It is safe to say that the COVID-19 pandemic has affected nearly every aspect of daily life. It has impacted every industry in the world, including the composites industry. Only time will tell exactly what the long-term impacts of COVID-19 will be. However, we are getting an early glimpse of how it might influence composite recycling.

It could be that the composites industry sees a renewed emphasis on recycling as the COVID-19 dust settles. If you’re not sure why, think about the difference between reusable and single-use products.

Banning the Plastic Bag

A good way to understand the recycling equation is to consider the plastic grocery bag. Over the years we’ve seen lawmakers at multiple levels work to ban plastic grocery bags. They are now illegal in many metropolitan areas around the country. However, the COVID-19 pandemic has led to a curious change of direction in some of these areas.

Local lawmakers, concerned that reusable fabric grocery bags could promote the spread of the virus, are asking stores to start using single-use plastic bags once again. What these lawmakers are discovering is that there are consequences to every action. You might eliminate some of the hazardous consequences of using plastic bags by banning them, but the replacement product you come up with has its own hazards.

What does this have to do with composites? A long-standing challenge of composites is keeping them out of landfills. Carbon fiber and fiberglass products consume landfill space for potentially thousands of years. They simply don’t break down as quickly as wood, textiles, etc. So the industry has been quietly developing new and improved recycling methods. The COVID-19 pandemic may accelerate those efforts.

Better Recycling a Better Strategy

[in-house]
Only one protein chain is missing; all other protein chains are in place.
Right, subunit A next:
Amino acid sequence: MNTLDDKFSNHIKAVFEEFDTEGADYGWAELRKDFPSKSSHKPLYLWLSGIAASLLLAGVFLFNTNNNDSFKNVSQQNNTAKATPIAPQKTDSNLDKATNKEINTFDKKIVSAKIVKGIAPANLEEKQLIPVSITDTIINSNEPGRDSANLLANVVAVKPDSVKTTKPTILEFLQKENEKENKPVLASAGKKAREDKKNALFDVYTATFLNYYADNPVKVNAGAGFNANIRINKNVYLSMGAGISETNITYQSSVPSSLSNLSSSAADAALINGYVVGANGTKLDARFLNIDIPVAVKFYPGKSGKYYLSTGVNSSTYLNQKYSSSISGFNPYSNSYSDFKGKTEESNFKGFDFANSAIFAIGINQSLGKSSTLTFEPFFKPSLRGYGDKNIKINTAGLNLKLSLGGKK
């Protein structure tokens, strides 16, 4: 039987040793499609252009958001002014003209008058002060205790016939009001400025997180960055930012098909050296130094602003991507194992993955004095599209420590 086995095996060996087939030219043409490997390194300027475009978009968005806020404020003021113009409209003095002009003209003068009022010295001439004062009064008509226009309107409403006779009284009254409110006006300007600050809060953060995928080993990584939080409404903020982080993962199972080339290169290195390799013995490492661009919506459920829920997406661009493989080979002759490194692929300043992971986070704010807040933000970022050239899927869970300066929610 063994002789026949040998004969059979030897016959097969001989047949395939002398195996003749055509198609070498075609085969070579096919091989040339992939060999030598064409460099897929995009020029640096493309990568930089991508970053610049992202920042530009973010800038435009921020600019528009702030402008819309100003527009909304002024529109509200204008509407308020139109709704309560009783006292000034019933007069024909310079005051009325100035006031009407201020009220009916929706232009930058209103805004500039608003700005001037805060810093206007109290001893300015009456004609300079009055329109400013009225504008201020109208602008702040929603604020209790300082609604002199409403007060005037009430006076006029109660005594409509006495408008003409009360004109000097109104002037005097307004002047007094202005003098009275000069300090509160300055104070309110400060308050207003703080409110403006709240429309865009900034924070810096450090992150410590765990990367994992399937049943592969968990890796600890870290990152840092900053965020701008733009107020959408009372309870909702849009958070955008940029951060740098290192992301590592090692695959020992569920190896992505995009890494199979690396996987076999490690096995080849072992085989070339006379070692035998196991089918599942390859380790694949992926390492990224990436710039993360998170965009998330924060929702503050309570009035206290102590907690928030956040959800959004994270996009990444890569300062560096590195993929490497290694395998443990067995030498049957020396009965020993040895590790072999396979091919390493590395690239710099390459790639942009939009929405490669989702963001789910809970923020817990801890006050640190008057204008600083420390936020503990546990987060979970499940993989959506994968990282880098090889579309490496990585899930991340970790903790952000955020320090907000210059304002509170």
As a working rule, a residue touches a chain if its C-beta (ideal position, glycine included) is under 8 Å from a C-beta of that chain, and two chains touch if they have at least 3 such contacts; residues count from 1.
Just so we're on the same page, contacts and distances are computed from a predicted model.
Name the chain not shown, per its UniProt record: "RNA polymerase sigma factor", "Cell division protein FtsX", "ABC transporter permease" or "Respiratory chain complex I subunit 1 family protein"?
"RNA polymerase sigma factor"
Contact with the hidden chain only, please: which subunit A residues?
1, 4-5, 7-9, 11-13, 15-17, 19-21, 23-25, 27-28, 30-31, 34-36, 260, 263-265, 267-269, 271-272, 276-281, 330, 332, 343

Getting back to plastic grocery bags, perhaps banning them outright was not the way to go. Maybe it would have been better to figure out an effective and cheap way to recycle them. Perhaps it would have been better to develop what CompositesWorld contributor Dale Brosius refers to as a ‘circular economy’.

We already know that it’s technically possible to recycle plastic grocery bags. Yet there isn’t a lot of it going on because the economic demand for it doesn’t exist. What if we change that dynamic? What if we put our energy into developing an economic model that would make plastic bag recycling more profitable?

Recycling works best when those who do it can make a profitable business out of it. Find a way to do this with plastic bags and you create a circular model that keeps those bags out of landfills and waterways and, instead, sees them continually recycled.

The realities of the COVID-19 pandemic point to the possibility that a circular economy is better. The pandemic’s many implications are proving that modern plastics are not the enemy. At least they don’t have to be. Common sense would indicate that we find better ways to use and reuse plastics rather than abandoning them and returning to the materials our plastics replaced.

Better Composite Recycling

The lessons being learned from plastic grocery bags apply to composites as well. According to Rock West Composites in Salt Lake City, Utah, recycling efforts have ramped up in recent years. For example, engineers have discovered how to recycle carbon fiber waste by chopping it into small pieces and pressing it into a material similar to particleboard.

That is just one way to do it. There are other methods now being developed around the world. Despite all its negatives, the COVID-19 pandemic might very well push composite recycling into a whole new era of lower cost products and greater profitability.